OU Health Researcher Earns $2.7 Million Grant for Smartphone-Based Tobacco Cessation Study

For smokers who are trying to quit, what if a smartphone app could predict when they are most likely to relapse and light a cigarette? And what if that app could intervene, sending its users messages that successfully diverted them from smoking?

Such technology has been created at the Oklahoma Tobacco Research Center, a program of the Stephenson Cancer Center at OU Health. The researcher who created the app, Michael Businelle, Ph.D., recently received a $2.7 million grant from the National Cancer Institute to conduct a larger study on its effectiveness as compared to other types of cessation tools. In a time when most people have smartphones, almost always within arm’s reach, such technology is proving to be a valuable means of behavior change.

“Statistics show that nearly 80 percent of smokers want to quit, but without help, less than 5 percent are successful,” Businelle said. “People spend a lot of time on their phones, particularly texting and using apps. I see health behavior change services like smoking cessation becoming more and more mobile.”

Businelle has conducted several years’ worth of development and research on his tobacco cessation app, called Smart-T (Smart Treatment). Before he arrived at OU Health, he was a faculty member at the University of Texas School of Public Health in Dallas, where his team created the first version of the app. In his original study, he loaned smartphones to participants who were prompted by the app to answer about 25 questions at five different times during the day. The questions asked about things like current urge to smoke, motivation to quit, access to cigarettes, and whether they had consumed alcohol recently. The questions were then narrowed down to the six most relevant, which were used to create a smoking lapse risk estimator that determines whether a person is in danger of relapsing in the next few hours.

“Our research showed that the risk estimator predicted about 80 percent of all smoking lapses within four hours of the lapse,” Businelle said. “Sometimes the risk estimator would know about the potential for relapse before the person was aware of it.”

Businelle’s previous study set the stage for his current funding. In the earlier study, 81 people were randomized into three treatment groups: the Smart-T app; in-person cessation counseling; or an app produced by the National Cancer Institute. Businelle was pleasantly surprised by the results: 22 percent of those who used Smart-T quit smoking, compared to 15 percent for those who received in-person counseling or used the National Cancer Institute app. Although the sample size was small, the results warranted a larger study, for which he received the $2.7 million federal grant. For five years, the study will follow 450 participants who will be randomized into two groups.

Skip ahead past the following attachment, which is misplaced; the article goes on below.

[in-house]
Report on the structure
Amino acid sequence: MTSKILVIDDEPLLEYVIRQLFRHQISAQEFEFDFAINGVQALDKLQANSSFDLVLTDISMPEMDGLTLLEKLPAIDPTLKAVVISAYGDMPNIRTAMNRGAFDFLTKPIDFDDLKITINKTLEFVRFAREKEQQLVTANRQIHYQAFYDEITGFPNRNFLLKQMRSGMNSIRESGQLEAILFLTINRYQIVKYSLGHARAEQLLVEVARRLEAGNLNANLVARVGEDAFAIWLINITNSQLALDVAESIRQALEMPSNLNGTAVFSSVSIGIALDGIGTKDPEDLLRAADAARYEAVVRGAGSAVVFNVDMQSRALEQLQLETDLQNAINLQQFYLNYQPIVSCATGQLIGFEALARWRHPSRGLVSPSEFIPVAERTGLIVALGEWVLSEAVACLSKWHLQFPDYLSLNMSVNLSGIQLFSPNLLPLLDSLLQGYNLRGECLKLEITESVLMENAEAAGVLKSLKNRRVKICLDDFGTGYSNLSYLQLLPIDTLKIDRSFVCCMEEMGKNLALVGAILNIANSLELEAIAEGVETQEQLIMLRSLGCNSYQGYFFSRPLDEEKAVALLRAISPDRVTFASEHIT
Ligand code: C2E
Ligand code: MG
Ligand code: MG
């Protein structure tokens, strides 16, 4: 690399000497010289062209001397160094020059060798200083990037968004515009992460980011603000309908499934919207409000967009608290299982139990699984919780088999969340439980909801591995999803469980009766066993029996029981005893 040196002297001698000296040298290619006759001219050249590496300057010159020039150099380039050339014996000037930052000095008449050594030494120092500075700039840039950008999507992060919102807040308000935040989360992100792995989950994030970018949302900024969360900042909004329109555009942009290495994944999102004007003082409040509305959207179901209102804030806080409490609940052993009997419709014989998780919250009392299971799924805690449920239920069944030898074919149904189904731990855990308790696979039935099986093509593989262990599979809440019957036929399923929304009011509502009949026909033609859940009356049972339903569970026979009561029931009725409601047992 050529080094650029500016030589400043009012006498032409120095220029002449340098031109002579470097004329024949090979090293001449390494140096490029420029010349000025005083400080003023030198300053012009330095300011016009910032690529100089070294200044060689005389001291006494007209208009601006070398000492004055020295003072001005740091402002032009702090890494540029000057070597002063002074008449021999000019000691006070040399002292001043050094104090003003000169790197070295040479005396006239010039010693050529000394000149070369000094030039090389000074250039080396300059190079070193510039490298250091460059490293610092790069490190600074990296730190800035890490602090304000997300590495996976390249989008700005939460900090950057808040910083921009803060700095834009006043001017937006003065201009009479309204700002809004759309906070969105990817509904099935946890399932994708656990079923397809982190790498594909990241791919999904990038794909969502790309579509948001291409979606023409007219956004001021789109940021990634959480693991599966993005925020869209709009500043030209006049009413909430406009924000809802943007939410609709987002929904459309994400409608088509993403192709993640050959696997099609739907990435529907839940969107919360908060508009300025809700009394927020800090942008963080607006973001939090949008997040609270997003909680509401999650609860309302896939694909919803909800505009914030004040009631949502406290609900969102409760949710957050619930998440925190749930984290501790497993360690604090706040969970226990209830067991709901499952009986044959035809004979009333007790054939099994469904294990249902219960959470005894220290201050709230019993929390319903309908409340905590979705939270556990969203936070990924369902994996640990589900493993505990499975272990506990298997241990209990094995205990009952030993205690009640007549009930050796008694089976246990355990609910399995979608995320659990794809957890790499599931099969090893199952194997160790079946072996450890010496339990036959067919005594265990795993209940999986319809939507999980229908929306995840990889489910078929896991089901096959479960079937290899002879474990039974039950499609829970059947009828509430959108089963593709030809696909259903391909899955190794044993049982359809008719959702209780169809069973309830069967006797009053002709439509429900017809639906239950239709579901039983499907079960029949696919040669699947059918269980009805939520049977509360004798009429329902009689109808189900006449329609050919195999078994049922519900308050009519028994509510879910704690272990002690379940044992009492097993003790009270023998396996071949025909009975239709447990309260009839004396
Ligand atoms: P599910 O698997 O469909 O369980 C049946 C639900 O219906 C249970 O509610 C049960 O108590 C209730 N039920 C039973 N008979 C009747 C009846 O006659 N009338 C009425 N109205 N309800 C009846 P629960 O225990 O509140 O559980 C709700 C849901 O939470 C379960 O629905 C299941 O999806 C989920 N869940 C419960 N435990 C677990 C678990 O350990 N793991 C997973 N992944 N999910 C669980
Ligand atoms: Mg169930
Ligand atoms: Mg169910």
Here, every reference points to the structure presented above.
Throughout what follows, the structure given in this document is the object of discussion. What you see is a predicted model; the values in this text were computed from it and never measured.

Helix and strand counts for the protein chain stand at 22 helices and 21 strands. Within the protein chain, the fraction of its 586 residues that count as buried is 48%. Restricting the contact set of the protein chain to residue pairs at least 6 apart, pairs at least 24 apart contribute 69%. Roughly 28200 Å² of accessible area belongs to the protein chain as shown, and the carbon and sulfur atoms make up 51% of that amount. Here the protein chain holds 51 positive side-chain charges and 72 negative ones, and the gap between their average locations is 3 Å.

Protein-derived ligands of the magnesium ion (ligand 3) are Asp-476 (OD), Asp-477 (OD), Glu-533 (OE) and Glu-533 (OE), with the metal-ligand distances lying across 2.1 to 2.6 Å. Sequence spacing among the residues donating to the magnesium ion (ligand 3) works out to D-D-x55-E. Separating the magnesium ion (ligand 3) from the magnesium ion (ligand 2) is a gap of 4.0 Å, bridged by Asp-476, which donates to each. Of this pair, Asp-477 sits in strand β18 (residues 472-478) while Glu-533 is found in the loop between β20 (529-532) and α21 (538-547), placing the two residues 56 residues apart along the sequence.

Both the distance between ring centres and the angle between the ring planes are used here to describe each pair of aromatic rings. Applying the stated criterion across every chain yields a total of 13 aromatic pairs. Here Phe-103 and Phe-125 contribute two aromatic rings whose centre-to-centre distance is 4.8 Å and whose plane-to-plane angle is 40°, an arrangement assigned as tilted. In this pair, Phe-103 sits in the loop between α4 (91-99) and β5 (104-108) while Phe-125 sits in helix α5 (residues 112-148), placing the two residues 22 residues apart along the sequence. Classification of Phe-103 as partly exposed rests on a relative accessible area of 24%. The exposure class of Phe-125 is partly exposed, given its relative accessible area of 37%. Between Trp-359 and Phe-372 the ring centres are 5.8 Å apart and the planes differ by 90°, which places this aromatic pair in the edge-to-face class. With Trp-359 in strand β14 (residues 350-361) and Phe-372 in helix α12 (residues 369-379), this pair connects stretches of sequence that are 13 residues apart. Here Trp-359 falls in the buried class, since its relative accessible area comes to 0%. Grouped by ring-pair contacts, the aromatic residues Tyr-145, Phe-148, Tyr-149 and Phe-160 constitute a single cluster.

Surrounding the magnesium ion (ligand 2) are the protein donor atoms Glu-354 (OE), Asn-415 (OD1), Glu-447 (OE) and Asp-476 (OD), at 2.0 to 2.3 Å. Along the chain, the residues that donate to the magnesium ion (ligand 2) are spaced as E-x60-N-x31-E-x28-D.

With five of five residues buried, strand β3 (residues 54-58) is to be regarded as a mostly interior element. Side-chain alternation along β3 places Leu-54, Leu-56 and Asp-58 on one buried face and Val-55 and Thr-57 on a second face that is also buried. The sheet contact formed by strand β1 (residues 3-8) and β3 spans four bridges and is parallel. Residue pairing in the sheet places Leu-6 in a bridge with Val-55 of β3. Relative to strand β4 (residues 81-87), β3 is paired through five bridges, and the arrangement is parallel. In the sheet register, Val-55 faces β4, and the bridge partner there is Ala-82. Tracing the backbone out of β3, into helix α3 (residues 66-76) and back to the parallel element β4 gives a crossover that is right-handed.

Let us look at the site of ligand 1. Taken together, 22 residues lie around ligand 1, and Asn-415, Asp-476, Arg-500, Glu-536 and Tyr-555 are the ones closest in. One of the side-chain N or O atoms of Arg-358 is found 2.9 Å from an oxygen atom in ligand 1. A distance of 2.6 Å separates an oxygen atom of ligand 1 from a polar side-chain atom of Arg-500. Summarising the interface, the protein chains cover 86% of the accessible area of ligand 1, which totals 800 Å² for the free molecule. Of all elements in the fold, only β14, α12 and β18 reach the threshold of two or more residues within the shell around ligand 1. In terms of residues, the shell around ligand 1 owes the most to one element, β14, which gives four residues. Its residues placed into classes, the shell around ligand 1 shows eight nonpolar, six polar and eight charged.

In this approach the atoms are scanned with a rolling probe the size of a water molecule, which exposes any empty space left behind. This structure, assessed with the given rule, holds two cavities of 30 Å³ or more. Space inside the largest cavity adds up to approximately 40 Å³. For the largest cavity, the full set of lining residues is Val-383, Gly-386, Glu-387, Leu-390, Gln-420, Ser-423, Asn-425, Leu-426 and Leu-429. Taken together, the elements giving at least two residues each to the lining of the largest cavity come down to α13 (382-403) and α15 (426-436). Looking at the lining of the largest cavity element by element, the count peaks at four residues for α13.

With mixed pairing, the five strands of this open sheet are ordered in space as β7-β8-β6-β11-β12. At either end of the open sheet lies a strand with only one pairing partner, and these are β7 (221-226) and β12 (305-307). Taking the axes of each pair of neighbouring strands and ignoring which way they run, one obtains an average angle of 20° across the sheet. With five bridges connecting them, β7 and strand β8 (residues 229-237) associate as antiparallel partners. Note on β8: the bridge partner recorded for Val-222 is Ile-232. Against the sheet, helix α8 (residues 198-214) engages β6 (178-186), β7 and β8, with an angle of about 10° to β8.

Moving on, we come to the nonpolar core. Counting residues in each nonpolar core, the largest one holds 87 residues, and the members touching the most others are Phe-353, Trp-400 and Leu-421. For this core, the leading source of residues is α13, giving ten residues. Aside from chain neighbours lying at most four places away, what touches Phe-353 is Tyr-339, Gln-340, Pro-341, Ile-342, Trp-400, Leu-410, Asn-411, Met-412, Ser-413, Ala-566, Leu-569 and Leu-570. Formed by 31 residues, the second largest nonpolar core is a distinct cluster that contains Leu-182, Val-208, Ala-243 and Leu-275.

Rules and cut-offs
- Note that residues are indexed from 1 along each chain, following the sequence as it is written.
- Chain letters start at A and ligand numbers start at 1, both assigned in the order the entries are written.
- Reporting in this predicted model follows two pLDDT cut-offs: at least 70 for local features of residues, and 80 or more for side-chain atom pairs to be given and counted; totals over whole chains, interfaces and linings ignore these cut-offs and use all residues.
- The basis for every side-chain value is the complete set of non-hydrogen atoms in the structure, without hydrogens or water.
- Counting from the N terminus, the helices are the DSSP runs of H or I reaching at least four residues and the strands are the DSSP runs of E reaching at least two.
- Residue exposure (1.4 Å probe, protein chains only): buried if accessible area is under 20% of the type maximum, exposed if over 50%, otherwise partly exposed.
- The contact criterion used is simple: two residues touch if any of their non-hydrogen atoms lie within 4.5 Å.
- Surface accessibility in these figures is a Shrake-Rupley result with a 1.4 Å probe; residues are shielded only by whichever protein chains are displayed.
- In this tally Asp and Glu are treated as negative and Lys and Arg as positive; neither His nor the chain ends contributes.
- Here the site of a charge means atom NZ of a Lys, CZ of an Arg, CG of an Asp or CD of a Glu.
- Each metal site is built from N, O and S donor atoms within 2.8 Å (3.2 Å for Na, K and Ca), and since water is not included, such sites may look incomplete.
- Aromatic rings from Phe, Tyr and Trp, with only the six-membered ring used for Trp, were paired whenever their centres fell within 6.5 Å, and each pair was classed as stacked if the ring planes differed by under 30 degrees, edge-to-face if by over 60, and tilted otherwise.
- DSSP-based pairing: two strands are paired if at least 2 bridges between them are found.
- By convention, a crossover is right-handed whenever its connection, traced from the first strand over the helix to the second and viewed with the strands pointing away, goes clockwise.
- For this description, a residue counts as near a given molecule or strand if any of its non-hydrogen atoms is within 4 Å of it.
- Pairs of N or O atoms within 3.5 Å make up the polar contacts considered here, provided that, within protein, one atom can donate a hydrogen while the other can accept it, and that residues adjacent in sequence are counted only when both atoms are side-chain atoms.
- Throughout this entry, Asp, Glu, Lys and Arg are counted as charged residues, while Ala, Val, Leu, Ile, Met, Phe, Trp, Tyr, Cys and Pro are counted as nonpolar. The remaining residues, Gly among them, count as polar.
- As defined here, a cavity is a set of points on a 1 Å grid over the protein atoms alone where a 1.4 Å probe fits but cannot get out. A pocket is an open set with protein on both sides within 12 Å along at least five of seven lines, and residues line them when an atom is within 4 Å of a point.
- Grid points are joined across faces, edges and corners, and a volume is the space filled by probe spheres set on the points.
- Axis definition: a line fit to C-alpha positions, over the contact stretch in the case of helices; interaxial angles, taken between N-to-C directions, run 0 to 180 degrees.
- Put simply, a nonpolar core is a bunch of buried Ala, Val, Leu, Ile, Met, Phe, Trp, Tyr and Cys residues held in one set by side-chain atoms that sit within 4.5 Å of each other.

When the risk for lapse is high, the Smart-T app delivers a tailored message in real time. If individuals indicate that their current stress level is high, they immediately receive a message about coping with stress. Or if they report their motivation to quit is low, they receive a message that aims to increase motivation. “Smart-T truly tailors treatment content to what is needed in that moment,” he said.

The app has additional features that are crucial to the study. For instance, it has on-demand treatment functions so that users can click a “quit tips” button at any time to read through tips on how to cope with stress and urges to smoke. In the newly funded study, participants will blow into a small device that connects to the phone and measures the level of carbon monoxide in their breath, which determines if they have smoked recently. This reduces the burden on participants because they will not have to return to the clinic to verify if they successfully quit smoking or not.

Businelle’s hypothesis is that Smart-T will help people to stop smoking and remain tobacco-free. The advantage of the app, he said, is its ability to prompt people with questions throughout the day and then automatically deliver tailored messages in real time, a function that other apps don’t have.

Using an app for tobacco cessation may not be for everyone, he said, but it is sure to appeal to many people. Because Oklahoma is such a rural state, many people don’t have the time or resources to drive longer distances to a tobacco cessation clinic. Calling the tobacco quitline has helped many people quit, but those calls may last up to 30 minutes vs. interacting with Smart-T for 30 seconds five times a day, wherever the user may be.

“As a clinical psychologist, my expertise is in helping people change behaviors they want to change,” Businelle said. “Mobile technology holds much potential for helping people who want to quit smoking.”

For more information about Businelle’s Smart-T study, his research team can be reached by calling 405-271-QUIT or by emailing Michael-Businelle@ouhsc.edu. He directs the Mobile Health Technology Shared Resource, which has developed more than 30 apps aimed at helping people change behaviors they want to change. The Oklahoma Tobacco Research Center at the Stephenson Cancer Center is funded by a grant from the Oklahoma Tobacco Settlement Endowment Trust.

Research reported in this press release was supported by the National Cancer Institute under the award number 1R01CA221819-01A1.